Tuesday, December 14, 2010

Once Upon a Time, or, How to Begin a Novel

When I start a book, I always think it's going to be easier than it really is.

Beginning a story is tricky. Some people start their book before they start their story. They begin with prologues and opening scenes and lay out their groundwork very carefully, like chefs who set out their ingredients ahead of time.

The thing is that, realistically, as writers we don't really have that luxury. Those opening scenes are only good for you, as information about who your characters are. Think about this - if your book doesn't really get going until the fifth chapter, a.) you're banking on a fairly patient reader, and (more importantly) b.) you haven't showcased the best part of your book when it's being looked at by the Powers that Be. Whether it's agents, editors, or a Publishing Committee, remember that even if your readers are willing to settle slowly into a story, it's not likely that anyone in publishing will.

Your first three chapters become more than the beginning of the book - they're your resumé, your proof that you know how to take your readers out for a spin and show them the sights.
Think about your first three chapters as being the pilot episode for a TV series (The pilot for Gilmore Girls is a great example, fyi). You need to give an idea of where you're going and who your principle characters are within those first three chapters. Specifically, introduce the main character, explain her world, set up the main conflict, and introduce the love-interest in the three-chapter time frame.

Bada-bing, bada- boom. You're now ready to write the rest of your novel.

For example: in Nicole Mones The Last Chinese Chef, the main character, Maggie, is an food-writing American widow who goes to China to settle a claim against her late husband's estate. While she's there, she discovers a.) her husband had secrets and b.) the mysterious world of Chinese haute cuisine while writing about chef Sam Liang.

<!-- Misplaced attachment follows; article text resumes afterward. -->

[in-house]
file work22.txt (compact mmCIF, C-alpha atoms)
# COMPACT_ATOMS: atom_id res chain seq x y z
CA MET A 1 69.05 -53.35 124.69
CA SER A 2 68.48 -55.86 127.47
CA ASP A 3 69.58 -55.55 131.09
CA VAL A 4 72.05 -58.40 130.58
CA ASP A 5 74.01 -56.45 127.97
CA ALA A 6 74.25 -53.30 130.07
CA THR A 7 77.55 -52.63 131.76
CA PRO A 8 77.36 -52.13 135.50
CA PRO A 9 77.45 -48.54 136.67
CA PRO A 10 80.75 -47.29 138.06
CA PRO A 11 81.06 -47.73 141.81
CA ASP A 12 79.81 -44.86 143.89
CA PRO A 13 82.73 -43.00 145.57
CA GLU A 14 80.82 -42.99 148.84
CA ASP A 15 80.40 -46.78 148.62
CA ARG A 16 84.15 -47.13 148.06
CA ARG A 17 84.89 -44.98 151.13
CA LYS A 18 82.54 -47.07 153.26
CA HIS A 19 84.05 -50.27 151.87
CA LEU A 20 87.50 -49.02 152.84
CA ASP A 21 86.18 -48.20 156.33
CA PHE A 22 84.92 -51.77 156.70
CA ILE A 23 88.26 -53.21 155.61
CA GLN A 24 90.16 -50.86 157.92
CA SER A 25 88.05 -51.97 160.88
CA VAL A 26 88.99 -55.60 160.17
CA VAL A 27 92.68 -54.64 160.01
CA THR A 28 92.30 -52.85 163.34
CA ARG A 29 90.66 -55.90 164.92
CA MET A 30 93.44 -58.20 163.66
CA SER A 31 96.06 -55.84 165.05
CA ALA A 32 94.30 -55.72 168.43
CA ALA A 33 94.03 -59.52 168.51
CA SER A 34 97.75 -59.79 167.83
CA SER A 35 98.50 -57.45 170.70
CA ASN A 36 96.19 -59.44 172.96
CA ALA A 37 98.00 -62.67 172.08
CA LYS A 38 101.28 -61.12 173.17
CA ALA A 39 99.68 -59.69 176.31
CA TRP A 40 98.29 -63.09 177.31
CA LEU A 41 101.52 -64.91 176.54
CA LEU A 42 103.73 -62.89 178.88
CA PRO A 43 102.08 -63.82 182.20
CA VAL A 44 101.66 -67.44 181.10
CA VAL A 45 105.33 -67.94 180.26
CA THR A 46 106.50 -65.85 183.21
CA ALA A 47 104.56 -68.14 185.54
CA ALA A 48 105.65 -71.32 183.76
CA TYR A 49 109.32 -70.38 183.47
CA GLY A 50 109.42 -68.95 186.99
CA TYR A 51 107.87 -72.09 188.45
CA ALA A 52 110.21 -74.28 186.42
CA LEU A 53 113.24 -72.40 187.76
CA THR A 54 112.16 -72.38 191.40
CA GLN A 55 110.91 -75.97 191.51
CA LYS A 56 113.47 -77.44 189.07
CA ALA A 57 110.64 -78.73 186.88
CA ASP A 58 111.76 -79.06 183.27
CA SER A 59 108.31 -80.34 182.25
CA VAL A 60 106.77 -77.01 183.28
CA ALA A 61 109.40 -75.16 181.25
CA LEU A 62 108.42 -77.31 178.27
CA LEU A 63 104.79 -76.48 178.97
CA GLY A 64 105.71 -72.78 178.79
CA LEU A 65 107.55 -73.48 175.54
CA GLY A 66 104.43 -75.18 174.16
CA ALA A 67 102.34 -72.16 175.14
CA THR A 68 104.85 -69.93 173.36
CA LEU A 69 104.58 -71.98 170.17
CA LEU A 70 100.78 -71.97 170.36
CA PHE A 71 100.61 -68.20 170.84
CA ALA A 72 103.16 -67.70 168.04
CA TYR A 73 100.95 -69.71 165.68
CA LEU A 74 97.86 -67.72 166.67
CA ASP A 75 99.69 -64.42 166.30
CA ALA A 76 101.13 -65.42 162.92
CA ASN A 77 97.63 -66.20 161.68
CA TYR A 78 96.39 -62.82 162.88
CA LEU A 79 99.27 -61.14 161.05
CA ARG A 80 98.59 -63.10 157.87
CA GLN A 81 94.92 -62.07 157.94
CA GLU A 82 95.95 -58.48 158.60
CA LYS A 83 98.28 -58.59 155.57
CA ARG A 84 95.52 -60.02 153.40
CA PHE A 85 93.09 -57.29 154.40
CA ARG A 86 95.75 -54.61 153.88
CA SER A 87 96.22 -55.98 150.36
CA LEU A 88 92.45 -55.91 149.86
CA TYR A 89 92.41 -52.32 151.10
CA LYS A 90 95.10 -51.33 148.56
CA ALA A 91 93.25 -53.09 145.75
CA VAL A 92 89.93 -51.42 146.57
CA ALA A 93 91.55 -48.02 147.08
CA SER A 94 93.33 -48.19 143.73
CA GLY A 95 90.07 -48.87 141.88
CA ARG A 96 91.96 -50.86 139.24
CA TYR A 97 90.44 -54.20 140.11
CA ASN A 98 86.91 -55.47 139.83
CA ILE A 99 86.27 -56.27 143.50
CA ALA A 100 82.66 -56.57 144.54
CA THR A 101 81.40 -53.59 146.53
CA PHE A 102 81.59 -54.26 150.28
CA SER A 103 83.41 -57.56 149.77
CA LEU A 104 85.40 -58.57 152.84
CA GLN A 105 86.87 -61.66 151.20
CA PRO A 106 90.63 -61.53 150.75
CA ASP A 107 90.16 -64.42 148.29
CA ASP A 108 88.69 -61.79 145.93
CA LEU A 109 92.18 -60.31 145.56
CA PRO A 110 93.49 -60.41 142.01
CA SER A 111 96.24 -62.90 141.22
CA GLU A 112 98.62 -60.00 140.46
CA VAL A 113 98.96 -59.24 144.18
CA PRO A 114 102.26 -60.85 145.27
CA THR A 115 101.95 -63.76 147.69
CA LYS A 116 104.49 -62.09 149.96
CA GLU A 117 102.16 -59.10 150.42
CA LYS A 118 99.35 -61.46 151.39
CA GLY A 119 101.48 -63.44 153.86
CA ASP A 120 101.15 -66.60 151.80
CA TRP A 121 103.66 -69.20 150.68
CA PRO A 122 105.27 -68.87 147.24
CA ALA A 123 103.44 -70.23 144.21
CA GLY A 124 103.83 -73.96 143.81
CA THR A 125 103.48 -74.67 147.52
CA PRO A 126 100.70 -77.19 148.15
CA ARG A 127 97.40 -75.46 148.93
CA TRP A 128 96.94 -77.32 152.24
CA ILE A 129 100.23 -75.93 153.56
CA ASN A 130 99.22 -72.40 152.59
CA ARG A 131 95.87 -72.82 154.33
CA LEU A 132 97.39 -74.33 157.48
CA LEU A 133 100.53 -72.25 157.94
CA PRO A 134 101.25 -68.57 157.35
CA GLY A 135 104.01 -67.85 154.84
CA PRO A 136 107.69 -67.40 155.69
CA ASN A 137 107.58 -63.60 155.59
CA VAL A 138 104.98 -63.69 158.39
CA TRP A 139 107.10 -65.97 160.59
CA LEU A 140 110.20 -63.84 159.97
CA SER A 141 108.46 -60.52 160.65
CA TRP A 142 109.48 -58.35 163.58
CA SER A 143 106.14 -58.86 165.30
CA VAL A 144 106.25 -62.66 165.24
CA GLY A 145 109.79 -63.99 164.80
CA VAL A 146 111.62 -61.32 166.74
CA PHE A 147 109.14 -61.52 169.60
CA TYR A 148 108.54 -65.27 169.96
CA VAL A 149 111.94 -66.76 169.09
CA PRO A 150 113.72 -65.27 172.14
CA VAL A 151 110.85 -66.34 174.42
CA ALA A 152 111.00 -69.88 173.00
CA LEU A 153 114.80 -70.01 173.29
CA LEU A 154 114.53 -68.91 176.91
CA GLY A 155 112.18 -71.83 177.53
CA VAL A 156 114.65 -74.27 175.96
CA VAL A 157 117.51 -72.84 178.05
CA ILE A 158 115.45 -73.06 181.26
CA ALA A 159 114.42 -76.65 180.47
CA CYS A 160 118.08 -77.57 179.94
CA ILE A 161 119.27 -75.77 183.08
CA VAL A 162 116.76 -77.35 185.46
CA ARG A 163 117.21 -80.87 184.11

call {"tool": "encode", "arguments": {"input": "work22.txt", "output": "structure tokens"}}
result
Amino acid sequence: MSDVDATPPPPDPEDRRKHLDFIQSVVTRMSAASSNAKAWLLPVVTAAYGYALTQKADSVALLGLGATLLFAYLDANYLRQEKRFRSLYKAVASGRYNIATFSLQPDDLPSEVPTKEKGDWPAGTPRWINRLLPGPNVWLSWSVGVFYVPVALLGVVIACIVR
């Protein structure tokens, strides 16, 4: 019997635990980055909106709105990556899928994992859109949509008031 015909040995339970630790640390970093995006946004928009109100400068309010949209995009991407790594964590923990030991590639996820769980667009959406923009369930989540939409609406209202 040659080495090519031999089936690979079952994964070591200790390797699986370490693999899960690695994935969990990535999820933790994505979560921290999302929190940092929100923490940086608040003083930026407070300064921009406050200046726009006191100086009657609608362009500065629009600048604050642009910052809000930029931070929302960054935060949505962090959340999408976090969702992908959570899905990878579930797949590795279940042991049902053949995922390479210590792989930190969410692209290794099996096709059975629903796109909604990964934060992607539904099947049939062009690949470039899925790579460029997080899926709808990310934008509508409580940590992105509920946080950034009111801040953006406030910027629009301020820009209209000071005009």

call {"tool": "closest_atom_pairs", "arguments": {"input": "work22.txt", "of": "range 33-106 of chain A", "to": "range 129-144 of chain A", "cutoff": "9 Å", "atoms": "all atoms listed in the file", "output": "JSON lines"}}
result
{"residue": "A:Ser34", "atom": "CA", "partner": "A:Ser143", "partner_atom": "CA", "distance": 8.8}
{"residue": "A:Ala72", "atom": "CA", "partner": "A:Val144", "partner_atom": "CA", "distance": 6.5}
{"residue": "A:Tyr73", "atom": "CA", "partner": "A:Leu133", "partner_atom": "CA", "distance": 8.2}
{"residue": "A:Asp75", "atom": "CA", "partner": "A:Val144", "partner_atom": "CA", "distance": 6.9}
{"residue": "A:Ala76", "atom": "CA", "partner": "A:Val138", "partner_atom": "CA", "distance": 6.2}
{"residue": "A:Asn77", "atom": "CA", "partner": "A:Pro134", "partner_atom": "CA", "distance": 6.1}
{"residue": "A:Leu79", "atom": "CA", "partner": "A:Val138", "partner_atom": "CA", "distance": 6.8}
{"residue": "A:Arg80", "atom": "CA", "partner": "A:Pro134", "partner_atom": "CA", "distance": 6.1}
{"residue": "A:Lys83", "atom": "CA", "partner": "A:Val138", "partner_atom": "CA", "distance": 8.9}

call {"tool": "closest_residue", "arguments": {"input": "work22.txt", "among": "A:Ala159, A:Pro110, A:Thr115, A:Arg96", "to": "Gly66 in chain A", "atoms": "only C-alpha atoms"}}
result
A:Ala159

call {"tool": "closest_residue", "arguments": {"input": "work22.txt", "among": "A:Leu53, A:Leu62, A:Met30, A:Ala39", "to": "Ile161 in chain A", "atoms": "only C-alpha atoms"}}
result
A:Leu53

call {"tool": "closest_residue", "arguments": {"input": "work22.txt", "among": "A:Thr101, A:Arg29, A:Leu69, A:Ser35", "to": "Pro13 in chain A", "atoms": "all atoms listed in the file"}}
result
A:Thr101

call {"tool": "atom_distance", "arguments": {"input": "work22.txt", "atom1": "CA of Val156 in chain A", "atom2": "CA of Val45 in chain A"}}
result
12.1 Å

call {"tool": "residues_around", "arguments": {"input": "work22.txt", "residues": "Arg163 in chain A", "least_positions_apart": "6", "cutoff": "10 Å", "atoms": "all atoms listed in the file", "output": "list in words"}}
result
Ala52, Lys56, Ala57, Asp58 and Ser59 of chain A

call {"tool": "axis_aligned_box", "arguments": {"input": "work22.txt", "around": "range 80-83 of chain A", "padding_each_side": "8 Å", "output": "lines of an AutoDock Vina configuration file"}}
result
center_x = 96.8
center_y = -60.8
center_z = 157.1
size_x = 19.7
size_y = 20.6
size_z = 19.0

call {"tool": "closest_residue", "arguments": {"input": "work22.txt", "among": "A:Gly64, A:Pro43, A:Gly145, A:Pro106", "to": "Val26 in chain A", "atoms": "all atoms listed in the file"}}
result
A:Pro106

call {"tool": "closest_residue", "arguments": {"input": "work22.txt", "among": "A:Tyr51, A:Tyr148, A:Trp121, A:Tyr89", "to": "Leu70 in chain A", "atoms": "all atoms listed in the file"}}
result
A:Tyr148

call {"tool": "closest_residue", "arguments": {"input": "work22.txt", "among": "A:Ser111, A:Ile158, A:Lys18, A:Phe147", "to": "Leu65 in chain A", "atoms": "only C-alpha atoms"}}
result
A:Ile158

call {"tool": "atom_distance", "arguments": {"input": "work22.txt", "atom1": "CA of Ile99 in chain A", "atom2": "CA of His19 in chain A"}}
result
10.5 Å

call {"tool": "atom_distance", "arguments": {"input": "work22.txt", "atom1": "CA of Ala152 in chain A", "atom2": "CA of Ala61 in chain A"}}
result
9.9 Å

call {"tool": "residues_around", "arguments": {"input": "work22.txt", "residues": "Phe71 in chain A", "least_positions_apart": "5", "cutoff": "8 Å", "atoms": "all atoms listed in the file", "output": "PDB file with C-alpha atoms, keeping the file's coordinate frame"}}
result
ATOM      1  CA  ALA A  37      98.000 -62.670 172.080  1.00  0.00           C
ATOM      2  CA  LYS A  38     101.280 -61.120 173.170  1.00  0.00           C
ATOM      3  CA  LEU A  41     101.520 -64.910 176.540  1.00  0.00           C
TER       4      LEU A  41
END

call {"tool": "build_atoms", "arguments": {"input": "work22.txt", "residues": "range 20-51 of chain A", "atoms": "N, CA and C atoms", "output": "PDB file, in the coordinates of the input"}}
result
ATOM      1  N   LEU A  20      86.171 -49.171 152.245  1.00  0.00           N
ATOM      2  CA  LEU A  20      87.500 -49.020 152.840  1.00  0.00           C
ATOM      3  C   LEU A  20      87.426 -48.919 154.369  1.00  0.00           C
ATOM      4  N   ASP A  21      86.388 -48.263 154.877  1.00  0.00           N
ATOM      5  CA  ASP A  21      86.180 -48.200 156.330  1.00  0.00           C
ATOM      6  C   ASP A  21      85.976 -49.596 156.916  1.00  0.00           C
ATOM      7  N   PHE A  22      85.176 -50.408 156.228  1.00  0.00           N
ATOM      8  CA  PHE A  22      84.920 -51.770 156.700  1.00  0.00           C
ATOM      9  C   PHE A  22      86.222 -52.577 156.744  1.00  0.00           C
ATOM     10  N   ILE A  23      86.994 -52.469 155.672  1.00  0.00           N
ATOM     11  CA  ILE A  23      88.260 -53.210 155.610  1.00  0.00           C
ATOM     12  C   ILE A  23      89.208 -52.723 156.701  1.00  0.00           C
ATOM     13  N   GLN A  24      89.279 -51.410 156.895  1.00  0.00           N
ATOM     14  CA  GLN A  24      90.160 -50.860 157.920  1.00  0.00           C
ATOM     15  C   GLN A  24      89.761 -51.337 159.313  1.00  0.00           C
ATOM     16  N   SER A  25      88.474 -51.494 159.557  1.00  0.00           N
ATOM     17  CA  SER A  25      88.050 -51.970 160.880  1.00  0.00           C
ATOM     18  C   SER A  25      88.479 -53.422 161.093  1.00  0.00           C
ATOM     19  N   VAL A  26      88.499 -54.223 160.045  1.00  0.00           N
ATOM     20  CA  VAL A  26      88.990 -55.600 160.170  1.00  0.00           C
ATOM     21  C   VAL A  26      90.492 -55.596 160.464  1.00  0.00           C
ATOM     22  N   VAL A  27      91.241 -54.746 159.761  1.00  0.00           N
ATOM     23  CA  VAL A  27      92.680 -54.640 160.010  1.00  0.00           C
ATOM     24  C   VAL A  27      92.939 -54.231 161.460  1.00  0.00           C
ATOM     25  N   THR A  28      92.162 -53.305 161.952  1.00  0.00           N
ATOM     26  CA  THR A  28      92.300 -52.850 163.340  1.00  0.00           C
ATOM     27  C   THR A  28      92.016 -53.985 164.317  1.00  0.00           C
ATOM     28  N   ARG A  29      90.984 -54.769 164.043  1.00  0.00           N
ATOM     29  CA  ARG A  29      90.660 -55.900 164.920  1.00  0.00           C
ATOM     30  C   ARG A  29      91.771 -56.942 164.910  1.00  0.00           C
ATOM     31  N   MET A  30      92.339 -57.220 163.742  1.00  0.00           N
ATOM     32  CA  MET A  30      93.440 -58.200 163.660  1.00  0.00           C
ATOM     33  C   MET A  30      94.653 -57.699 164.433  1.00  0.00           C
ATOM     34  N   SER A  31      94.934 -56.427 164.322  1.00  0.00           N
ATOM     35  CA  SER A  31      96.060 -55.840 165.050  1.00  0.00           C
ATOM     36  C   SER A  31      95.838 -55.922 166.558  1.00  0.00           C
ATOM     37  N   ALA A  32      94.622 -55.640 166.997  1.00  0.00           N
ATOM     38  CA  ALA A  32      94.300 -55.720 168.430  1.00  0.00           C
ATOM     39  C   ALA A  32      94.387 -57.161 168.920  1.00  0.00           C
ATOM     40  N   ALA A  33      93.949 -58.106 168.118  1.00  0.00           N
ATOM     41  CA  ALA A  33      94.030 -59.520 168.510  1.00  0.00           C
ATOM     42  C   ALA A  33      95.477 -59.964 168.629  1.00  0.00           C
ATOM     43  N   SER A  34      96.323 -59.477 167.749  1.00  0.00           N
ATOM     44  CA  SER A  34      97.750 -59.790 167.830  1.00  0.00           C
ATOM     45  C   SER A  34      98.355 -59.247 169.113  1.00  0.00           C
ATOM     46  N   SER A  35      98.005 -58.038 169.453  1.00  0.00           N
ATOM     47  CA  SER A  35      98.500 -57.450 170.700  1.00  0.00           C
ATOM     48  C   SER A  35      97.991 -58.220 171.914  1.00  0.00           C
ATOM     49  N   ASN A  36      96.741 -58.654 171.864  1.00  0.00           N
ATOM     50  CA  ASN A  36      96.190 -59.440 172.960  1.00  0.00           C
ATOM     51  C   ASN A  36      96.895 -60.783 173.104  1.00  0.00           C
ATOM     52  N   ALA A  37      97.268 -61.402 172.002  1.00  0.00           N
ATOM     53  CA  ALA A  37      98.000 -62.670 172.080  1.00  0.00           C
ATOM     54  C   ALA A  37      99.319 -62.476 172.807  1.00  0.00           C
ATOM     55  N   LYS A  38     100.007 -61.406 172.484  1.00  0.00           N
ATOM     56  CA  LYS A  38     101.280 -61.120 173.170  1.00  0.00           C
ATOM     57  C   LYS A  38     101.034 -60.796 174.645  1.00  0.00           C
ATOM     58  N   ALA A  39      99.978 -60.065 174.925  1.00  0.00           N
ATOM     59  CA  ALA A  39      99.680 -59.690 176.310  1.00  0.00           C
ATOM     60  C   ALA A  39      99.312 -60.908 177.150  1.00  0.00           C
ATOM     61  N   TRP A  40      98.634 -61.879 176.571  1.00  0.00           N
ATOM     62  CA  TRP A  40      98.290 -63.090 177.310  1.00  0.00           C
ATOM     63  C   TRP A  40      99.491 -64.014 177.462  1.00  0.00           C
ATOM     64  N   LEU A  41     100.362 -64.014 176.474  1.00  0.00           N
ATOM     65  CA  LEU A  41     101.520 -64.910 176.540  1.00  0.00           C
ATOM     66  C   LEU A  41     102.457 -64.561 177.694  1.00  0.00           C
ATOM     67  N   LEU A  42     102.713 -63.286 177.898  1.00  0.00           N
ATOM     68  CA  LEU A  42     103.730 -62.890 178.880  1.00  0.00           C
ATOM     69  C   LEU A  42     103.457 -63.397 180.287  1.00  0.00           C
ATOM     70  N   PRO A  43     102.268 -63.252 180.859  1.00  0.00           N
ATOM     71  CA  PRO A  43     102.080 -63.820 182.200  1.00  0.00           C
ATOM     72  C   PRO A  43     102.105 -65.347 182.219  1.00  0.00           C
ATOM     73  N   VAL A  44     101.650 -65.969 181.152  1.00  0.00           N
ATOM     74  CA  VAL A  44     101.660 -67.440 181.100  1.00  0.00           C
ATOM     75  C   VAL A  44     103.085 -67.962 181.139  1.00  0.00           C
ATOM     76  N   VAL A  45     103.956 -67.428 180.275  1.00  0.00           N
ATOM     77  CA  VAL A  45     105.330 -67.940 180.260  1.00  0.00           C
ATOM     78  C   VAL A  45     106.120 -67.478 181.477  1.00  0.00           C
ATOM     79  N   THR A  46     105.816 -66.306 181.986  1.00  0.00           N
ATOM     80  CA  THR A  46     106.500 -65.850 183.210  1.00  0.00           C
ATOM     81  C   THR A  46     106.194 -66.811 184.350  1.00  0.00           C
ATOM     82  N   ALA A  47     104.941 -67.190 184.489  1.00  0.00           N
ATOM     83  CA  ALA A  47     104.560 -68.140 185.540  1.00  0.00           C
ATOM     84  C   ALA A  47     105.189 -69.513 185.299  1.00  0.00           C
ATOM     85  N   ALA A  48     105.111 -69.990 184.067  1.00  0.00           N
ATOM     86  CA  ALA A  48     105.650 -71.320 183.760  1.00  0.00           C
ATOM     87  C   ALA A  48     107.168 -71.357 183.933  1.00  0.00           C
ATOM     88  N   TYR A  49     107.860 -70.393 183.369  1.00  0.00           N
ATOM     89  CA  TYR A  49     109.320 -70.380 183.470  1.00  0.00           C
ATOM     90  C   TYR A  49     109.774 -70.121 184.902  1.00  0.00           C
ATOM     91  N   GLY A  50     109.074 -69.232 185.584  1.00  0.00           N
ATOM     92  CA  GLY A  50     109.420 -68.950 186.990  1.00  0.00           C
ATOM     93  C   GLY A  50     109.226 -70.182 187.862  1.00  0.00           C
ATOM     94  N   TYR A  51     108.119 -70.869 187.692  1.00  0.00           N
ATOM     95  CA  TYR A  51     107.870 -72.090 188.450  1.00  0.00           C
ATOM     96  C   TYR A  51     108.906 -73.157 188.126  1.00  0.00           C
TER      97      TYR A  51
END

Mones works fast - in the first chapter, she manages to get her protagonist out of her houseboat, onto a plane, in China, and introduced to Sam. All in 17 pages.

The second chapter better establishes Sam as a character and introduces some of the principle supporting cast, Sam's Chinese uncles.

The third chapter showcases Sam's cooking and Maggie's writing. We learn the history of Sam's father, grandfather, and Chinese uncles, as well as several of the tenants of traditional Chinese cuisine.

Likewise, in Sarah Addison Allen's Garden Spells, Allen has entirely set up the main characters, the love-interest, and the world of magical realism.

In contrast, in The Girl With the Dragon Tattoo, Stieg Larsson didn't introduce Mikael Blomkvist to Lisbeth Salander for 18 chapters. EIGHTEEN CHAPTERS. Lisbeth doesn't even make an appearance for the first 38 pages, which would be forgivable (it's still in the second chapter) if she weren't the driving force of the book. Mikael, as a character, is fairly bland. Lisbeth is one of the most interesting characters to be written in the last ten years, at least. When you've got someone that good, putting her in the background is a bad idea.

Yes, I know Girl has been an international success. I know, I know. Just because a book is successful doesn't mean it couldn't have been better written.

I mean, Dan Brown, folks.



  1. It's so true about making an impact in your book in the first three chapters...I read alot of books for fun and to review and if the book hasn't grabbed my attention by chapter four...it has lost me.

  2. The first three chapters are my resume...Wow, no pressure, huh? :) Great post, Hillary!

  3. Sarah - nope, no pressure :-) The thing is, you may have written a perfect first three chapters without knowing it. For Sara, I did some serious rewriting of the beginning (you'll notice it's different than the sample chapter in the back of Plain Jayne). But for my first book, author Bonnie Leon advised me to ax the first chapter. Lo and behold, the whole thing was a lot tighter :-)


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